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Check-in at an Inpatient Children's Psychiatric Hospital (Chapter 4)

Check-in at an inpatient children's psychiatric hospital was a much more bearable process than I anticipated.  I did cry a few times, but it could have been much worse.

After all we had already been through the traumatic experience of the police being called to our home, the most horrible ER experience ever, and then the second ER experience that brought us to where we were now.

The check-in process took several hours, but this was a good thing, at least in my opinion.

The staff asked so many questions about Sunshine.  Some had to do with behaviors and medications, but others had to do with her preferences, interests, daily routines, rituals, and basic needs.

They were sincerely interested in making the situation as pleasant as humanly possible for all involved.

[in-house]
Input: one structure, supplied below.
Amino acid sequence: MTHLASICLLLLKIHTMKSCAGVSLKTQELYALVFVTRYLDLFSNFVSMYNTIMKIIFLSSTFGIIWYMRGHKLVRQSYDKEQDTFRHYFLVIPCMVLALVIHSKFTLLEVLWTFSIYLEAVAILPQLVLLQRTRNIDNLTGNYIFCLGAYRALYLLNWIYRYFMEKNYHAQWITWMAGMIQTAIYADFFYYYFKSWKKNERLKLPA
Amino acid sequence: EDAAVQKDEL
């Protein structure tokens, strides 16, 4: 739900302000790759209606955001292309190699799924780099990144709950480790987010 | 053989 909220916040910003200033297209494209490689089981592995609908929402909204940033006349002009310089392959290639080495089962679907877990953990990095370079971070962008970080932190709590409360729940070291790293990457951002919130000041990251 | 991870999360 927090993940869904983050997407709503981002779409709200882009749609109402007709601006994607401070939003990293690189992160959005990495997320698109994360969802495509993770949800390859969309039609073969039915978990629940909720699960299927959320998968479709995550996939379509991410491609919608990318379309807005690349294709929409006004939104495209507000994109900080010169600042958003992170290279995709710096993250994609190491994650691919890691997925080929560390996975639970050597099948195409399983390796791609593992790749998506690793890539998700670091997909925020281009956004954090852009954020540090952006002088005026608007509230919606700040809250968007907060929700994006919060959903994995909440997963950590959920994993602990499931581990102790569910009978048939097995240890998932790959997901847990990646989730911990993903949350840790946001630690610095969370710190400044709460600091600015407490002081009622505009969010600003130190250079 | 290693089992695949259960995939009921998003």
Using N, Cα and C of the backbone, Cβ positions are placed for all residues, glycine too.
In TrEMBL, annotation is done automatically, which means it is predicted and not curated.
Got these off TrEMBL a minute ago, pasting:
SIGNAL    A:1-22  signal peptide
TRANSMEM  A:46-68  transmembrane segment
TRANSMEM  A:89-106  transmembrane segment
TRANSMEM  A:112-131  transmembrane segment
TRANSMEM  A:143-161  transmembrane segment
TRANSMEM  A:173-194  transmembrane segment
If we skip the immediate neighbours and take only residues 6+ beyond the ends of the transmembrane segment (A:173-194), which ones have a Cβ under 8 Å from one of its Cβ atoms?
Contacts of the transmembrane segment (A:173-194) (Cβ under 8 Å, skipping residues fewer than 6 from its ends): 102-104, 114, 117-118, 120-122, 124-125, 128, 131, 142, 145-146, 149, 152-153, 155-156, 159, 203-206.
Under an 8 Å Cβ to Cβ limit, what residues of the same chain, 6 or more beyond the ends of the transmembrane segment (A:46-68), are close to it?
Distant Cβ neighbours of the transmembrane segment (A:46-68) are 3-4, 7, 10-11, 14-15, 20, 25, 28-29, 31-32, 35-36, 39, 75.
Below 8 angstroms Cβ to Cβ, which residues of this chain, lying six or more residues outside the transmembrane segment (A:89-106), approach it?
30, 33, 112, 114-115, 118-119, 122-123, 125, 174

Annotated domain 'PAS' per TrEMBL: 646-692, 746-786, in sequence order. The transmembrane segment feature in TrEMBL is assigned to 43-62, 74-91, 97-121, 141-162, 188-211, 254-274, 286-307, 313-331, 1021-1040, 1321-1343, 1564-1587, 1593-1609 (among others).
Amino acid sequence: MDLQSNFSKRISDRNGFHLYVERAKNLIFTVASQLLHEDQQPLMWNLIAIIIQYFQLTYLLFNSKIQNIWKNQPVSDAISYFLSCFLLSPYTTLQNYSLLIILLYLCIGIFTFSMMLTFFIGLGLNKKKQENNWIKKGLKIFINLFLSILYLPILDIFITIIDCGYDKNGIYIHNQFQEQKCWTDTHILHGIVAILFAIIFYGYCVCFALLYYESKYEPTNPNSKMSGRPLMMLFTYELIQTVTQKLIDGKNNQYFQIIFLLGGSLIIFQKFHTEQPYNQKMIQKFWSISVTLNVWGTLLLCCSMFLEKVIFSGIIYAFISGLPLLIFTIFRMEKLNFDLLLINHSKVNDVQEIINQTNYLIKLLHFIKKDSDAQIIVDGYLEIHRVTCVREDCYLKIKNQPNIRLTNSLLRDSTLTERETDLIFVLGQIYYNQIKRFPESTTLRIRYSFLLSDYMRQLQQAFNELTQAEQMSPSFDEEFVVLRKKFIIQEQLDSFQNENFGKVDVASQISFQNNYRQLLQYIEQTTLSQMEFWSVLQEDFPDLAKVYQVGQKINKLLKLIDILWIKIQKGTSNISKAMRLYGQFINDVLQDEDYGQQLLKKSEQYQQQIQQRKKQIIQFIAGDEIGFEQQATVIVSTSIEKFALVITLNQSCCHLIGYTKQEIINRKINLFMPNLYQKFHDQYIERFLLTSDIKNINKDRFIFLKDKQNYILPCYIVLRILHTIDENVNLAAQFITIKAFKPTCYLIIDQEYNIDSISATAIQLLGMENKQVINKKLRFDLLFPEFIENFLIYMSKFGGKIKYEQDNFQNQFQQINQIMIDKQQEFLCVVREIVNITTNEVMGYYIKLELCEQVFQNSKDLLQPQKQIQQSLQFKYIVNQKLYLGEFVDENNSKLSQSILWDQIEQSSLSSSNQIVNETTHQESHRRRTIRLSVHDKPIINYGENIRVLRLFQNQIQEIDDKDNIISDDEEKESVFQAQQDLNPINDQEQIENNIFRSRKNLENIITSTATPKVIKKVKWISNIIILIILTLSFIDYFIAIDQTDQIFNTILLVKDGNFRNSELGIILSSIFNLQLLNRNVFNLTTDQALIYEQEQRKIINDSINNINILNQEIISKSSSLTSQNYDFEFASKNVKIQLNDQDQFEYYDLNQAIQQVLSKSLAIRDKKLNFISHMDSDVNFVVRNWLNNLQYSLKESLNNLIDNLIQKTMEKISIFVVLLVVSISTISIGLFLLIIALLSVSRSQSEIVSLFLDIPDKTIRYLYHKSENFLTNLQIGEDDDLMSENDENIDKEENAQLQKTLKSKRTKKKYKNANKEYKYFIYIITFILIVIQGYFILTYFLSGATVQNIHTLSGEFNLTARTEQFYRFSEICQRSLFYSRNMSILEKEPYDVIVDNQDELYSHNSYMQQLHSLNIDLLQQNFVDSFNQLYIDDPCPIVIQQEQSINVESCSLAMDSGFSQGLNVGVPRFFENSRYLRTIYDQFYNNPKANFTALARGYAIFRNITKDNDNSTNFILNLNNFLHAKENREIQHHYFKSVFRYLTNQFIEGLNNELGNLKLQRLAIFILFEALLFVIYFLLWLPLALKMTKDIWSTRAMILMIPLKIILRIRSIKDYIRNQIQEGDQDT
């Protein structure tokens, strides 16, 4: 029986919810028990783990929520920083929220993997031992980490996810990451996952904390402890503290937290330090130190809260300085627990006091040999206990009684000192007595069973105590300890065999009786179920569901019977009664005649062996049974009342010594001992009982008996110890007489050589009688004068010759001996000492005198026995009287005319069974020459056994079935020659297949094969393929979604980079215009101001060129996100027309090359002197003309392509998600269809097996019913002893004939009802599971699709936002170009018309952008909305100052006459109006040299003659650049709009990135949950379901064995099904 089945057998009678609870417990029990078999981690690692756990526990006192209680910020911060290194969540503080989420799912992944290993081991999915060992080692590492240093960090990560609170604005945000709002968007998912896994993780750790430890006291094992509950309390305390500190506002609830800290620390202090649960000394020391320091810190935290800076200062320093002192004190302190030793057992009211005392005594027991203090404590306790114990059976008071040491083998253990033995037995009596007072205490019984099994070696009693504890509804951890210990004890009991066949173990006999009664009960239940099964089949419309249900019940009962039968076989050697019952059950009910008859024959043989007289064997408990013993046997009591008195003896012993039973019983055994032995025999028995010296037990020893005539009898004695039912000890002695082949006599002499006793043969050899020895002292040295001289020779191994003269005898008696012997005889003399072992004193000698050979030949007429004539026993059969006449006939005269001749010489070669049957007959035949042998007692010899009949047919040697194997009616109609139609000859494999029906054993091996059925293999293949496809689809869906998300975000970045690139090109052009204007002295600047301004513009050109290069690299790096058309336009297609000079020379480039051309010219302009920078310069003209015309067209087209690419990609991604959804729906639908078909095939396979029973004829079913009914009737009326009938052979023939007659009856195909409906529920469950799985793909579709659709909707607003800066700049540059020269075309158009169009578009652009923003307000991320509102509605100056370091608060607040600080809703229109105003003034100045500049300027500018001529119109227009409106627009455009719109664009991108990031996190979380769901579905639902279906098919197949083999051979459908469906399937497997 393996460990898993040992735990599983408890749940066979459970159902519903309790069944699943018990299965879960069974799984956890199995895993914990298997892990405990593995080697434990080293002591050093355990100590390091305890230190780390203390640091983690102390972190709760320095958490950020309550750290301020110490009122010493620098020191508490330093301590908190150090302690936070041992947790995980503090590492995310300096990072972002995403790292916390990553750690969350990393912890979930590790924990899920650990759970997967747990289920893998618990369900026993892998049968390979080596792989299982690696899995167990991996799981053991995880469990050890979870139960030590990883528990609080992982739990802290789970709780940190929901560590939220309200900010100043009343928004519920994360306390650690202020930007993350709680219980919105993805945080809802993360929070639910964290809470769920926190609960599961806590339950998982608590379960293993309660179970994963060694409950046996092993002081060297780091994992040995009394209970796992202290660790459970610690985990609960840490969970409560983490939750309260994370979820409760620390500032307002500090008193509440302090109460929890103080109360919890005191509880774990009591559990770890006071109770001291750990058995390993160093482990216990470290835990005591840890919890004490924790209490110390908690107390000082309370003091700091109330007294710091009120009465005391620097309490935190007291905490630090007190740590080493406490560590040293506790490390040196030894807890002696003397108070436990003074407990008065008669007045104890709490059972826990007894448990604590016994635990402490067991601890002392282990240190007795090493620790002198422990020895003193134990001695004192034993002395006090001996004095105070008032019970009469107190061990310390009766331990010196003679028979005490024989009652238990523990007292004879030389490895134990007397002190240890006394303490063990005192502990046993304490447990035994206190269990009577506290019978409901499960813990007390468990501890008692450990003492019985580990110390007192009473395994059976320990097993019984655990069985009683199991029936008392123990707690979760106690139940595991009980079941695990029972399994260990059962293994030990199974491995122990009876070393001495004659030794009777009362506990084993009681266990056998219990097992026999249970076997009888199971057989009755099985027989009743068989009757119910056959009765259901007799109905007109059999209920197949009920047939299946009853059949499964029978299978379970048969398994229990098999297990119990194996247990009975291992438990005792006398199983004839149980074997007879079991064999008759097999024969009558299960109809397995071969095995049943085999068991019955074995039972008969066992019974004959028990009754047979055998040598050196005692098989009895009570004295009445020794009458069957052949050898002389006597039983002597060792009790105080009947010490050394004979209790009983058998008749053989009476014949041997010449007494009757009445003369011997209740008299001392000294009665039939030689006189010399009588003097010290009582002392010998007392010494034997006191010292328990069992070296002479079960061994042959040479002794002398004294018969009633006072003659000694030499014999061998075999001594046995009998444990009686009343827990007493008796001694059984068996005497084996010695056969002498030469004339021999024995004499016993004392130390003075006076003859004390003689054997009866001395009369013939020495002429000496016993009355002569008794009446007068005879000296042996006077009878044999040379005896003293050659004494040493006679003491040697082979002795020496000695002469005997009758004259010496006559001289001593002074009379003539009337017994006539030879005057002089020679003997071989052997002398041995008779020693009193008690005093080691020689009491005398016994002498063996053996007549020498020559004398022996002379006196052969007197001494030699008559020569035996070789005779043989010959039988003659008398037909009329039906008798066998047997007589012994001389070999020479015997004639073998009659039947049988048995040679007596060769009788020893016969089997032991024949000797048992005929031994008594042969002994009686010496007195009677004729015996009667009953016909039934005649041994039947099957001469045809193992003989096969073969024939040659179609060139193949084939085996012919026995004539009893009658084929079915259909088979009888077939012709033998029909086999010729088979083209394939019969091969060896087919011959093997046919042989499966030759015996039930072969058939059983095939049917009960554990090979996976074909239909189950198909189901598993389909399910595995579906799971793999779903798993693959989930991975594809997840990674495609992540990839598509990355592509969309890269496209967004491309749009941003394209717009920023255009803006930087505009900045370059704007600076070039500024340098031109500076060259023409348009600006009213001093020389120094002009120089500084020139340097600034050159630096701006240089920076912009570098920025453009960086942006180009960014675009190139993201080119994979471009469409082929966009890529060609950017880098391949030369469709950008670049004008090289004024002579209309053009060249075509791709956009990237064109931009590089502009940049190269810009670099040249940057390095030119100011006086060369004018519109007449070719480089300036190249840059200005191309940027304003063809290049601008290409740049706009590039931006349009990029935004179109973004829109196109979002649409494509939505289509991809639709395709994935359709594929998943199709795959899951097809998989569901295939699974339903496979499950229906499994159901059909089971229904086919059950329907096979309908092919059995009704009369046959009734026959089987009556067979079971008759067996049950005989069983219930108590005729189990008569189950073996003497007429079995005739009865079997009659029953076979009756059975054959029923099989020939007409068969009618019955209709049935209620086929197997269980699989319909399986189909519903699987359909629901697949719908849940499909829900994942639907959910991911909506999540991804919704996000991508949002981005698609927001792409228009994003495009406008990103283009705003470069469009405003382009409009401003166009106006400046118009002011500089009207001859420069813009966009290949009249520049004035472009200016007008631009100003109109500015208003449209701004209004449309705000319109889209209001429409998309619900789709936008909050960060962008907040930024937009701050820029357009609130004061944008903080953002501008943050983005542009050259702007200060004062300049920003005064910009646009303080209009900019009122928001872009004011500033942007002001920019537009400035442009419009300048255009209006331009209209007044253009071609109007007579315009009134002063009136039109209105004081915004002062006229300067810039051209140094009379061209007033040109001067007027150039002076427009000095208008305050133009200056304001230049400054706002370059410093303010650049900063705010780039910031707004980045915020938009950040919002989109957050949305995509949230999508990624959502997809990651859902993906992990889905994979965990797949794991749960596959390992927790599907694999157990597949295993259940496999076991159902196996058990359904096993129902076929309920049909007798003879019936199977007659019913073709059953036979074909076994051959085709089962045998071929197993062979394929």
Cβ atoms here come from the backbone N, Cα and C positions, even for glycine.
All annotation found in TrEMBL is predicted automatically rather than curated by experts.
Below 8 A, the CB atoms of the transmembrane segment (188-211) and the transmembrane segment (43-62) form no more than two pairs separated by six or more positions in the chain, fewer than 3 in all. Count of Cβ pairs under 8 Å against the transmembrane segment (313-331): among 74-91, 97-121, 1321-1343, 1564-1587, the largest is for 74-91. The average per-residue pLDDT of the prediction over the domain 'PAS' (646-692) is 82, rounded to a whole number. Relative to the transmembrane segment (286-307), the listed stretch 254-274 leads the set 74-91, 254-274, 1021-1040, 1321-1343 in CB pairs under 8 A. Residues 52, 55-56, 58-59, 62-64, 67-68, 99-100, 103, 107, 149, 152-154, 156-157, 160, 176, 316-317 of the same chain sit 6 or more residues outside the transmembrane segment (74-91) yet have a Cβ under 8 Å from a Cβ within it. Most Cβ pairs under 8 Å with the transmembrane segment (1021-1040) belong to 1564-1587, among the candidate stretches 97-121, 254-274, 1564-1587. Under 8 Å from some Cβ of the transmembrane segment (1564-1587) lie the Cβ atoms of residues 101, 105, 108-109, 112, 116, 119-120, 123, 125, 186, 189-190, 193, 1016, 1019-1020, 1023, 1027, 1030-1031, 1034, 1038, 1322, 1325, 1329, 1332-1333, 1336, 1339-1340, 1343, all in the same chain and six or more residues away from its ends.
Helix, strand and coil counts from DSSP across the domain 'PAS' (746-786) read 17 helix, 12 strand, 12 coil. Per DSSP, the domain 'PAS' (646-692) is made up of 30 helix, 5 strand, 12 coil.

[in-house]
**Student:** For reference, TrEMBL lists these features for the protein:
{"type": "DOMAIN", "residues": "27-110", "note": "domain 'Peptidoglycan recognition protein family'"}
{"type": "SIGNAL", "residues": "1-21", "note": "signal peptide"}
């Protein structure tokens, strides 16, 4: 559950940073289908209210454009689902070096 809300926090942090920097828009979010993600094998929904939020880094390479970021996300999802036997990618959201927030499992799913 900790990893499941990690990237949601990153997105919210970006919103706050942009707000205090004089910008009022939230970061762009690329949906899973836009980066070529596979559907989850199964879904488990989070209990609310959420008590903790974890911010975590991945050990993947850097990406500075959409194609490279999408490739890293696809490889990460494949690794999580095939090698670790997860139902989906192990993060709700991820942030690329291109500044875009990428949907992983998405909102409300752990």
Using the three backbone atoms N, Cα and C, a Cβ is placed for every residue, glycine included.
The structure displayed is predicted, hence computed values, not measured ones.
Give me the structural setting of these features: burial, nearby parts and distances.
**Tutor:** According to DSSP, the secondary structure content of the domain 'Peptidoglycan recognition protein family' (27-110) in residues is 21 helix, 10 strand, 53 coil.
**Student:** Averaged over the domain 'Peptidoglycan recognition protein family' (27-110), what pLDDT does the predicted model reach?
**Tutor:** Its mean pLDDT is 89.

I was calmed immediately.  My biggest worry was that Sunshine would not be taken care of well and I would feel even worse than I already did leaving her there.

Check-in at an Inpatient Children's Psychiatric Hospital

Working on Attachment While Separated

The only challenge we would face during Sunshine's time in the hospital was that they could not accommodate Sunshine's food allergies.

Understanding the severity of them quite well, this was not unexpected.  We agreed that we would bring meals and snacks for them to store there.  This was not the easiest thing to stay on top of but I still was so thankful we were able to do it.

Bringing Sunshine's meals to her meant that I was still able to take care of her in some way.  Food is EXTREMELY important to Sunshine and is entangled in her attachment issues.

For her to know my husband and I were preparing her meals meant that we were still connecting in some way every day, even if we weren't there with her in the moment.

The Facility

Sunshine joined us during check-in after she had settled.  I hadn't expected this, but was so thankful to see her again.  Parting in the elevator as she was strapped in wasn't how I wanted to say goodbye.

After I had finished with paperwork and locked up any personal items I had with me,staff led me to Sunshine's room on the main floor, locking every door behind them as we went.